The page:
The country’s divided, but there’s hope for the future. The late Dr. Seuss is offering a suture. The national election is so filled with hate. Now, the Cat in The Hat is the Kids’ Candidate. Yes, Dr. Seuss’s most famous feline is tossing his red and white stovepipe hat, a more colorful one than Honest Abe Lincoln wore, for the 2016 Presidential Election. The Cat in the Hat named Thing 1 and Thing 2 as his running mates.
The announcement was made by Dr. Seuss Enterprises and Random House Children’s Books during a rally at the childhood home of Theodor Geisel in Springfield, MA, at 74 Fairfield Street, as part of an anti-bullying campaign. This is fitting, given the extortive tactics of the two major parties’ presidential hopefuls. There is a clear choice here, people, whether you have stars on your bellies or not. Daffy Duck also announced he is dipping his beak into politics back in March. He’s a greedy, miser. The Cat in the Hat is an ardent supporter of climate change countermeasures.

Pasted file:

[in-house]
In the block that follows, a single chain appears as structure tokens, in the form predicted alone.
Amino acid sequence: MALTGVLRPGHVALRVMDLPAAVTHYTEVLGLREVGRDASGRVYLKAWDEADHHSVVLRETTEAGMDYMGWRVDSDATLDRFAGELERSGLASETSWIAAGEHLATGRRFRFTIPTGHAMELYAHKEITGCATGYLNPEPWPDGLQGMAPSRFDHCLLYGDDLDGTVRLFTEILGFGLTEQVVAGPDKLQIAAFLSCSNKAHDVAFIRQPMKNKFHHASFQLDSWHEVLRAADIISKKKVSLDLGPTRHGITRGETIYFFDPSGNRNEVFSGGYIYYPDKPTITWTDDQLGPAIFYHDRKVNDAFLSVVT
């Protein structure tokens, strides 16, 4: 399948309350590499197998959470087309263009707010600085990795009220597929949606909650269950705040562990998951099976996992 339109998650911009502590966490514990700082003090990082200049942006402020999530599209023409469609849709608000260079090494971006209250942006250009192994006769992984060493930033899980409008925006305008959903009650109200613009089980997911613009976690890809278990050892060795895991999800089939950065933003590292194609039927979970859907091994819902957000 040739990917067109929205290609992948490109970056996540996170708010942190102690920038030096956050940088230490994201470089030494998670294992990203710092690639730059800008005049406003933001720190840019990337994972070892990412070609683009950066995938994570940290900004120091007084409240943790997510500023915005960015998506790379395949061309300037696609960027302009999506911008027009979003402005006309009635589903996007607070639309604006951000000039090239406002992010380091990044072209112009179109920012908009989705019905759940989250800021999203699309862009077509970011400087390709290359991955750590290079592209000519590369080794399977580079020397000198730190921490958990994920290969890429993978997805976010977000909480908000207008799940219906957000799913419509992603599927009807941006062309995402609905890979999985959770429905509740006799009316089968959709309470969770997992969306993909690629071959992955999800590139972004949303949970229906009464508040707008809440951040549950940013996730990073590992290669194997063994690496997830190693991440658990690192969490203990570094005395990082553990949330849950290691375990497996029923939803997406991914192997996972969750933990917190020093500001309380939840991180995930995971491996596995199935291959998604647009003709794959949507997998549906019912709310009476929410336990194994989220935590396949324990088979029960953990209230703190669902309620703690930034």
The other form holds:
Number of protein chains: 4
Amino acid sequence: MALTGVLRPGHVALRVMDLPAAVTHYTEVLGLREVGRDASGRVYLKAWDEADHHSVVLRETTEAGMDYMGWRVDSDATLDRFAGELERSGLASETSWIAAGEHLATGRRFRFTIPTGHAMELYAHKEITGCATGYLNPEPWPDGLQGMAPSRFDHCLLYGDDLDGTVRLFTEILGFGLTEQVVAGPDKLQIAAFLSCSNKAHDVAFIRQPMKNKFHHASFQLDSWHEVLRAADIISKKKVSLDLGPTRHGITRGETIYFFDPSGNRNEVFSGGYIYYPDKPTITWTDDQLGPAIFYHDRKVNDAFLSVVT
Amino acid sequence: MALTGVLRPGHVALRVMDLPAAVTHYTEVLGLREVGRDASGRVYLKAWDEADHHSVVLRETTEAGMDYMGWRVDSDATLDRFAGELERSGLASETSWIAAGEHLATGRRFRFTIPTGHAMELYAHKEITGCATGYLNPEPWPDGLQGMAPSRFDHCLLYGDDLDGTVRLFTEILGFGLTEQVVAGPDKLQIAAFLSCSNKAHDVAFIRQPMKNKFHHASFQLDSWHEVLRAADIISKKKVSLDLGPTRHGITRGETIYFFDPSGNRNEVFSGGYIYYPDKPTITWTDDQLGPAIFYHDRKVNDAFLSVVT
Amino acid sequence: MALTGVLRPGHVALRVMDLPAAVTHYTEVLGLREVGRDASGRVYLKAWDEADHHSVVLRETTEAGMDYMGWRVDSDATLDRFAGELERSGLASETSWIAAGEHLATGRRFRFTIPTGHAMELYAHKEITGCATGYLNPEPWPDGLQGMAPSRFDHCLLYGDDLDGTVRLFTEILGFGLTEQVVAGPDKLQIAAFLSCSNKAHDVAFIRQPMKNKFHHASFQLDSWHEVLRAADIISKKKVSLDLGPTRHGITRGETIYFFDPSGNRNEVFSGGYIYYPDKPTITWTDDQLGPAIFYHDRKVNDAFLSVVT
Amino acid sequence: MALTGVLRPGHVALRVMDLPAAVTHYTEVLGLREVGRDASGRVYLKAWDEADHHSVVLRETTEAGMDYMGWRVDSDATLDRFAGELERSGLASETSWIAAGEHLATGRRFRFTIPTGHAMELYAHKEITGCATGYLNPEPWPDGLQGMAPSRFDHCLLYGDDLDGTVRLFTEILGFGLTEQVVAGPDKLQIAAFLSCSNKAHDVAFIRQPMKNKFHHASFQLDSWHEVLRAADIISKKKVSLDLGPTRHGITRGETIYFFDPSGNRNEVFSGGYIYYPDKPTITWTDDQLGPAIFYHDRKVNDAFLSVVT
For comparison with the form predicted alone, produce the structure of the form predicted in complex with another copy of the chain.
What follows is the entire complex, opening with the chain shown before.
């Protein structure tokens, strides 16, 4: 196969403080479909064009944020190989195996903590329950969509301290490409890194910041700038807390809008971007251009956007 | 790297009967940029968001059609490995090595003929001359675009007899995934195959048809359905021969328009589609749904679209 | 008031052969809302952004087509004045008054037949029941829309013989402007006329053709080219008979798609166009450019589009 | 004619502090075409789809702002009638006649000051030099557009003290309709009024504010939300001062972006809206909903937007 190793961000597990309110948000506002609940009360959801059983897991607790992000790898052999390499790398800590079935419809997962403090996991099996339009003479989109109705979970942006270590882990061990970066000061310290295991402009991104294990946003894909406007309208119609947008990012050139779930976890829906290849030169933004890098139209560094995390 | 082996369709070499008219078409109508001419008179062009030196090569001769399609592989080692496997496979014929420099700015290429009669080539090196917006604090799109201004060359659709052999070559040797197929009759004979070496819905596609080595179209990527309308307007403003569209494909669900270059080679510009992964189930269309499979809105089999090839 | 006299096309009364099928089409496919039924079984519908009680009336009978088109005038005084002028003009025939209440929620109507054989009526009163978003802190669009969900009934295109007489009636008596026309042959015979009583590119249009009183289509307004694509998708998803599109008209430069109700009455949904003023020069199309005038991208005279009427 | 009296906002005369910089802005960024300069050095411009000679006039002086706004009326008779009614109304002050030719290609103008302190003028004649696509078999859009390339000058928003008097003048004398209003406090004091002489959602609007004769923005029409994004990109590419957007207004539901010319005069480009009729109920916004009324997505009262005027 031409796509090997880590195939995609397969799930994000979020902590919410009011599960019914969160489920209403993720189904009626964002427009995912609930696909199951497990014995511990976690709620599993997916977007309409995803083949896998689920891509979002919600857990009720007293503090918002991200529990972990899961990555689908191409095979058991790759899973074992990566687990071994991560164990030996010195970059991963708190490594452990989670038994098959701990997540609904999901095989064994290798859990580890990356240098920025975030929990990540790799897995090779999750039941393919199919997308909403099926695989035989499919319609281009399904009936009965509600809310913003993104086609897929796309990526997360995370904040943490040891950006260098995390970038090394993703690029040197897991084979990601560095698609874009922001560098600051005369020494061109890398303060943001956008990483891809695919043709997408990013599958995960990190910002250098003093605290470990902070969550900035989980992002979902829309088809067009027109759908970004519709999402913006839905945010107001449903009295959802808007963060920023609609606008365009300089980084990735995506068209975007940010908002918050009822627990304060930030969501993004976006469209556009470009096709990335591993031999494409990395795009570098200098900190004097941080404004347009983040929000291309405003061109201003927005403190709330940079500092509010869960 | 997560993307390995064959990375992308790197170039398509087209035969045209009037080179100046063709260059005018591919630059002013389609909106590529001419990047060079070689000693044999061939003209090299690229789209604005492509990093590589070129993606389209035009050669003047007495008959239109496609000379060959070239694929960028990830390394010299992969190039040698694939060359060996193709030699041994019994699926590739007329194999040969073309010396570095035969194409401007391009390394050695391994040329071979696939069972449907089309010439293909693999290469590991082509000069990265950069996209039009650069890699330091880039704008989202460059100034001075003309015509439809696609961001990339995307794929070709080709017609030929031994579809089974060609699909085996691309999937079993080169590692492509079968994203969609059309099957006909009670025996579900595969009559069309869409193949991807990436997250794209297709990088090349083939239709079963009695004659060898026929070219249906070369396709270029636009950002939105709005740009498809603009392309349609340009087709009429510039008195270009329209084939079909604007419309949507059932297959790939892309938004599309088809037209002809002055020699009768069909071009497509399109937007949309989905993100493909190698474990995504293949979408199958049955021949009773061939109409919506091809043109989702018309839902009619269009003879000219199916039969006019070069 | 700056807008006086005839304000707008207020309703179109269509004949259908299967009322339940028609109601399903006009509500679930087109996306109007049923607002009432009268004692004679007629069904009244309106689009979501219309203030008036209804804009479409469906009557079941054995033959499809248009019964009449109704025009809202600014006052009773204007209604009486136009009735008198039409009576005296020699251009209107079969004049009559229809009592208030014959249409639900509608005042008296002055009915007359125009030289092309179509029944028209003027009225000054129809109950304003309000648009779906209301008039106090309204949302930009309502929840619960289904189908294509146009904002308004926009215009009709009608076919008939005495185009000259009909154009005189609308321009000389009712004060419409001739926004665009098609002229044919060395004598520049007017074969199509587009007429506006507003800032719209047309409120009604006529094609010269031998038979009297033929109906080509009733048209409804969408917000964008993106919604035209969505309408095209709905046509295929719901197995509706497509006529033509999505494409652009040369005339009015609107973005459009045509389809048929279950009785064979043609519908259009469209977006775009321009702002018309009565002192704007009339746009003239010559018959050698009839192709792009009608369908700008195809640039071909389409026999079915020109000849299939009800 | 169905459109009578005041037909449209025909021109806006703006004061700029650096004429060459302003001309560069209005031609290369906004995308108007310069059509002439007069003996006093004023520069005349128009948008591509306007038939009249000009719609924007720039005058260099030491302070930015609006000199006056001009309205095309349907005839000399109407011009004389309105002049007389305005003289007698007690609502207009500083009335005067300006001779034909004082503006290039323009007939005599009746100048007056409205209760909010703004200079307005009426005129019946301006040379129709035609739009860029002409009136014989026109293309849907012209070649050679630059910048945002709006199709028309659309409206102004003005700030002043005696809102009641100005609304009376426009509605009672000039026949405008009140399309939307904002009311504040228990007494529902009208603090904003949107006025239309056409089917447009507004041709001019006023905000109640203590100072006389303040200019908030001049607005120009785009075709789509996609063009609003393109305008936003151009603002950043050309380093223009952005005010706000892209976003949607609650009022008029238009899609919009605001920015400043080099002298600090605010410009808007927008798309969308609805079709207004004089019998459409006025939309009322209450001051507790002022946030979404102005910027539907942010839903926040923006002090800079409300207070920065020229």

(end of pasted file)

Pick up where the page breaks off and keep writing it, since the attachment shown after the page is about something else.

The Cat in the Hat has always been a rebel. He eats cake in the bath, for goodness sake. His presidential campaign will represent “all Dr. Seuss believed about children—that they have the intellect, imagination, and power to impact our world positively, while also having fun,” it said in the official announcement.
“A person’s a person, no matter how small,” said Horton, the elephant best known for breaking ranks with the GOP for his unifying message in Horton Hears a Who!. Dr. Seuss encourages non-conformity. Horton bows to the wishes of neither Kanga, nor Roo.
“Unless someone like you cares a whole awful lot, nothing is going to get better. It’s not,” warned The Lorax, in an emotional endorsement of global proportions.
“I know, up on top you are seeing great sights, But down here at the bottom, we, too, should have rights,” proclaimed Yertle the Turtle, a long-time independent.